A few weeks ago I wrote a column titled, “Why Can’t Some MS Docs Communicate With Their Patients?” It’s very unlikely that two doctors from the Cleveland Clinic — Mikkael A. Sekeres and Timothy D. Gilligan — read that column. But they, too, have written a piece about a failure to communicate.
In “Informed Patient? Don’t Bet On It,” which appeared in the March 1 issue of the New York Times, the doctors wrote:
“Over your lifetime of seeing us, we have trained you that we will look impatient and concerned if you say you didn’t understand something or if you have a lot of questions. After all, we’re busy and have other patients to see. Shame on us.”
Doctors Sekeres and Gilligan believe that this communication failure can sometimes lead to dangerous results, including one that I overlooked when I wrote my column. It’s that “informed consent … is commonly not-so-well informed.” This is not only a problem with treatments, they say, it’s also a serious problem with clinical trials. In both cases, your failure to be fully informed can lead to physical reactions you weren’t expecting or out-of-pocket expenses that seemingly appear out of the blue.
How to become informed
The two physicians have drawn up a list of questions that you really should ask your doctor when you’re discussing a treatment that he or she recommends. They include asking the doctor to use common words rather than complicated medical terms; asking what the best, worst, and most common outcomes are of the recommended medication or procedure; and asking about other options. And, the patient should take notes.
These seem like no-brainers to me, but are these the things you do when you visit your doctor? There’s another recommendation. They suggest asking if you can speak with a patient who has already undergone the treatment being being recommended for you. That, of course, might not be easy to arrange, and your doctor might be reluctant to do this because of privacy concerns.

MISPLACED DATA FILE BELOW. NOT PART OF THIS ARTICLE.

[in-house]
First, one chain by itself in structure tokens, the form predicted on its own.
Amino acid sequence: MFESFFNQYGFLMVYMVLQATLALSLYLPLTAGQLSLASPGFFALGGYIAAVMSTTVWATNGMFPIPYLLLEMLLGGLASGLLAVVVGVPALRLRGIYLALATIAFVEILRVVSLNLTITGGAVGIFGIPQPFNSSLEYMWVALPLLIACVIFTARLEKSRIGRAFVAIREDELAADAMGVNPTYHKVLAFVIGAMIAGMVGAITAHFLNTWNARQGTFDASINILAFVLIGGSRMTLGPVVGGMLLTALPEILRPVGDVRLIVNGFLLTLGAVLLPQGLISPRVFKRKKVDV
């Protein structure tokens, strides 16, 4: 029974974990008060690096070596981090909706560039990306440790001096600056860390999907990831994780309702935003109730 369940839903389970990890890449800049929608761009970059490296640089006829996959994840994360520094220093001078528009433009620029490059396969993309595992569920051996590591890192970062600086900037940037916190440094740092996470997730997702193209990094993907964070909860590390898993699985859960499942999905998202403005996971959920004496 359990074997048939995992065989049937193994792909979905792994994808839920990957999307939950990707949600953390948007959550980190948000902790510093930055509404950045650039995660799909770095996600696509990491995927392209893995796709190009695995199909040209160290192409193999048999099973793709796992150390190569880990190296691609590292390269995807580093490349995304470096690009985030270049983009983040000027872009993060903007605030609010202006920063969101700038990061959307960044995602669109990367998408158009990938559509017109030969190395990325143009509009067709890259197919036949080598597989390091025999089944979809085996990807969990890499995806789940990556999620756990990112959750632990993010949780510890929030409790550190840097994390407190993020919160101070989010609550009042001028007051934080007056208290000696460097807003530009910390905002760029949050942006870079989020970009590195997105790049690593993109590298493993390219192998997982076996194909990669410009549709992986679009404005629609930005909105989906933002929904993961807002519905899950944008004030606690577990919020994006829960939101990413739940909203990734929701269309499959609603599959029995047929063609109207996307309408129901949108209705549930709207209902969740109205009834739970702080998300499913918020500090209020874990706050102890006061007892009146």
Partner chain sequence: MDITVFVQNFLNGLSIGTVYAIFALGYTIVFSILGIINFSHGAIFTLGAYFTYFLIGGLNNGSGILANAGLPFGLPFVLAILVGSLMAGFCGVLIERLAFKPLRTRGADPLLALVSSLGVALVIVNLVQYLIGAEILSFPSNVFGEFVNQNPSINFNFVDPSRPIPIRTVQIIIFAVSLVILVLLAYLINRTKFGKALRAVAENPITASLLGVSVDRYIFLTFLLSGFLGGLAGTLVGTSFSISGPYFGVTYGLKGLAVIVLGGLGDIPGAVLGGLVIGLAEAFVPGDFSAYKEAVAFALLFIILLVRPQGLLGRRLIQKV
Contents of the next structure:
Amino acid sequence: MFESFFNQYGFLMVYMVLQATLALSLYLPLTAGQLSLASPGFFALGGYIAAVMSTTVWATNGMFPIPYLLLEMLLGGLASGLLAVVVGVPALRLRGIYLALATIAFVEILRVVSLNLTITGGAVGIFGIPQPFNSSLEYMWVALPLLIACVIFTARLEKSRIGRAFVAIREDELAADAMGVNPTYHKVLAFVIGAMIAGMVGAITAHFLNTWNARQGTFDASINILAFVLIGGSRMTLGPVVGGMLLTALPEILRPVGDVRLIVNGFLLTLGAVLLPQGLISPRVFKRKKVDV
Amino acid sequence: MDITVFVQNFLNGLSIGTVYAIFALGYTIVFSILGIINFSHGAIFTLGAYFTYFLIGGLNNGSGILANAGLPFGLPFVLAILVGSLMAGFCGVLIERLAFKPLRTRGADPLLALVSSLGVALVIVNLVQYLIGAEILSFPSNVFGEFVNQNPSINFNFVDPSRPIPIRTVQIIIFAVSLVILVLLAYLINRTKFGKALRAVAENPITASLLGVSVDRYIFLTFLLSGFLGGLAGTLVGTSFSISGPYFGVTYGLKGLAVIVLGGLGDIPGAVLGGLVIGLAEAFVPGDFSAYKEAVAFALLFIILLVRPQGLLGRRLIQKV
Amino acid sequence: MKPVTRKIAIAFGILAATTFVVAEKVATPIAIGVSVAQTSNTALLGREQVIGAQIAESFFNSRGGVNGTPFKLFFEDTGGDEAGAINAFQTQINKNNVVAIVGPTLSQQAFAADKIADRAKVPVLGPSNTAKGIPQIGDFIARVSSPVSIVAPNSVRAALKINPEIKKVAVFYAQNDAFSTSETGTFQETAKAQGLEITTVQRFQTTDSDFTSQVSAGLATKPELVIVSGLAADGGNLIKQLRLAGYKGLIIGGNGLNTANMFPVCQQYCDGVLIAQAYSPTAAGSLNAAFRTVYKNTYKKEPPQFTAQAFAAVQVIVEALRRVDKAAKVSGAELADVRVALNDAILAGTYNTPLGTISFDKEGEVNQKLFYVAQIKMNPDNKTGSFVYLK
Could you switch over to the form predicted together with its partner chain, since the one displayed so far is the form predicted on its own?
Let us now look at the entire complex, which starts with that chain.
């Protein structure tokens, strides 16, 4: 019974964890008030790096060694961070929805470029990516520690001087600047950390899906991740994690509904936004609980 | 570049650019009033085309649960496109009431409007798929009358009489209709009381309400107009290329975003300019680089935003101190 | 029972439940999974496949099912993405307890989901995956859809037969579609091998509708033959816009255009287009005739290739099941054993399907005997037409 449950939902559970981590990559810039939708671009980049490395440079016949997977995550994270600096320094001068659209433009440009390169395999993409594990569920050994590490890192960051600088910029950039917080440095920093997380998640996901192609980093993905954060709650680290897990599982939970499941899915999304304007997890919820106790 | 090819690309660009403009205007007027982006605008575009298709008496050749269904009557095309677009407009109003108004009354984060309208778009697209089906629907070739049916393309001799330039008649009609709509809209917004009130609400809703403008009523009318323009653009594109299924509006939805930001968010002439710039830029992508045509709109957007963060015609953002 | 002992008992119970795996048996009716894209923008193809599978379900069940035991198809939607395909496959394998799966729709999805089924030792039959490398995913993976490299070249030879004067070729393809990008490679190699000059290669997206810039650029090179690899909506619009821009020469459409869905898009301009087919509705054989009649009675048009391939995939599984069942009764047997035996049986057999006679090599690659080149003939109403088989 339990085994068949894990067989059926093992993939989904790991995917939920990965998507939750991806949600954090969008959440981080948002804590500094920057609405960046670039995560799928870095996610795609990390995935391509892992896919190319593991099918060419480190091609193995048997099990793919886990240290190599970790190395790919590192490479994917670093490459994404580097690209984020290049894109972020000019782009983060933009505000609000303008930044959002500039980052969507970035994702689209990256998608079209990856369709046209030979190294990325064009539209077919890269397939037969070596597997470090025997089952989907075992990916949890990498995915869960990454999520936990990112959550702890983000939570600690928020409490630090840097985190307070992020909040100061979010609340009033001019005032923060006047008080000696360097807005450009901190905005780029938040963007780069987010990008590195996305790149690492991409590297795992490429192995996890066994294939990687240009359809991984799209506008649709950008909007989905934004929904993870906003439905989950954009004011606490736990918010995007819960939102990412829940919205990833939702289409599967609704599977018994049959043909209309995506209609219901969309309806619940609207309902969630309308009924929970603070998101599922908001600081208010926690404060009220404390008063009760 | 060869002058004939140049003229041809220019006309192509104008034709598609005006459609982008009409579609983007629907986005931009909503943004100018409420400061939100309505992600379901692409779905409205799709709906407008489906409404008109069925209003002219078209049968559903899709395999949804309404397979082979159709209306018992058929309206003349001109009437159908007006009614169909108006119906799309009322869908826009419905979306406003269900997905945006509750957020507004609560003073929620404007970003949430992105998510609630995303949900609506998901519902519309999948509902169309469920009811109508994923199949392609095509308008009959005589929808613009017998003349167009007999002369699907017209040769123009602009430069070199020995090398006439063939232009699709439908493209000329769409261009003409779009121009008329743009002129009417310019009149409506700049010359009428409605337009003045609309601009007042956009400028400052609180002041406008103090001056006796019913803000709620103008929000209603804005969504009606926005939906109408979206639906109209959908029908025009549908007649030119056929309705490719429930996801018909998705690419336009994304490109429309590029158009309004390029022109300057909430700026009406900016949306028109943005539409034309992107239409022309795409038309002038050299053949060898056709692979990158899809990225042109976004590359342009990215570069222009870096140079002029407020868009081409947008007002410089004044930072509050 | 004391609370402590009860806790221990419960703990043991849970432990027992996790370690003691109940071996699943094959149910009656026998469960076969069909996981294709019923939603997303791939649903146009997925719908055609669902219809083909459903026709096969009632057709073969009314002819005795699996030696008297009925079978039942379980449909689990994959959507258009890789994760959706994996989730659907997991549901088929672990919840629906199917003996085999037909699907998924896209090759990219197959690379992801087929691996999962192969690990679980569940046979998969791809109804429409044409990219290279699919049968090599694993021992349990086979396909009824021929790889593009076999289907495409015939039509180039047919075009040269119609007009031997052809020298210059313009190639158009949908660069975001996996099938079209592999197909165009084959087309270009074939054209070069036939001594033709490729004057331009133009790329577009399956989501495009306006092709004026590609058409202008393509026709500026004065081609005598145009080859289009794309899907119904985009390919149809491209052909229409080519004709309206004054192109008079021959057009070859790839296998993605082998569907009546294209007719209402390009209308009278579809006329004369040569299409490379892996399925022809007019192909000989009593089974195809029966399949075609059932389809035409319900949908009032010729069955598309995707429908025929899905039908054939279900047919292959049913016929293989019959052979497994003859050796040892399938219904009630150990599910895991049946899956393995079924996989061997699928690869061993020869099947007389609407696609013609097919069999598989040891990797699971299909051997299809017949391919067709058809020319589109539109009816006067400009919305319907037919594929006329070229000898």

Going on-line for help
If your doctor won’t put you in touch with a patient, you can find thousands online. The Facebook group “We’re Not Drunk We Have MS” has more than 21,500 members sharing information about their MS experiences. The website www.activemsers.org has a very good forums area. And, of course, Multiple Sclerosis News Today has its own Facebook page. When getting information from these online sites, however, it’s important to remember that the info provided by patients like us are just opinions and experiences. It’s not medical advice and it may or may not be accurate. Understanding that limitation, browsing these sites and asking questions there can certainly help you make your decisions.
And, before you head out of the doctor’s office…
Sekeres and Gilligan recommend not leaving your doctor’s office without summarizing what you think you heard. Asking something like, “I’m supposed to take this pill twice a day for two weeks, right?” will give you a final opportunity to make sure you’ll be doing the right thing at home.
“We’ve seen too many patients regret decisions that they made without fully understanding their options, or the possible outcome,” the doctors wrote.
In a comment on my earlier column about patient-doctor communication, one reader wrote that her doctor never allowed enough time to ask all of these questions. Shame on that physician, but that’s the reality of some of our medical care today. Perhaps when our doctor first walks into the examining room, we need to ask him or her to leave two minutes for questions at the end of our allotted time. We need to do all that we can to be sure that we understand the options and outcomes and that we have no regrets.
(You’re invited to follow my personal blog at www.themswire.com.)
Note: Multiple Sclerosis News Today is strictly a news and information website about the disease. It does not provide medical advice, diagnosis, or treatment. This content is not intended to be a substitute for professional medical advice, diagnosis, or treatment. Always seek the advice of your physician or other qualified health provider with any questions you may have regarding a medical condition. Never disregard professional medical advice or delay in seeking it because of something you have read on this website. The opinions expressed in this column are not those of Multiple Sclerosis News Today, or its parent company, BioNews Services, and are intended to spark discussion about issues pertaining to multiple sclerosis.
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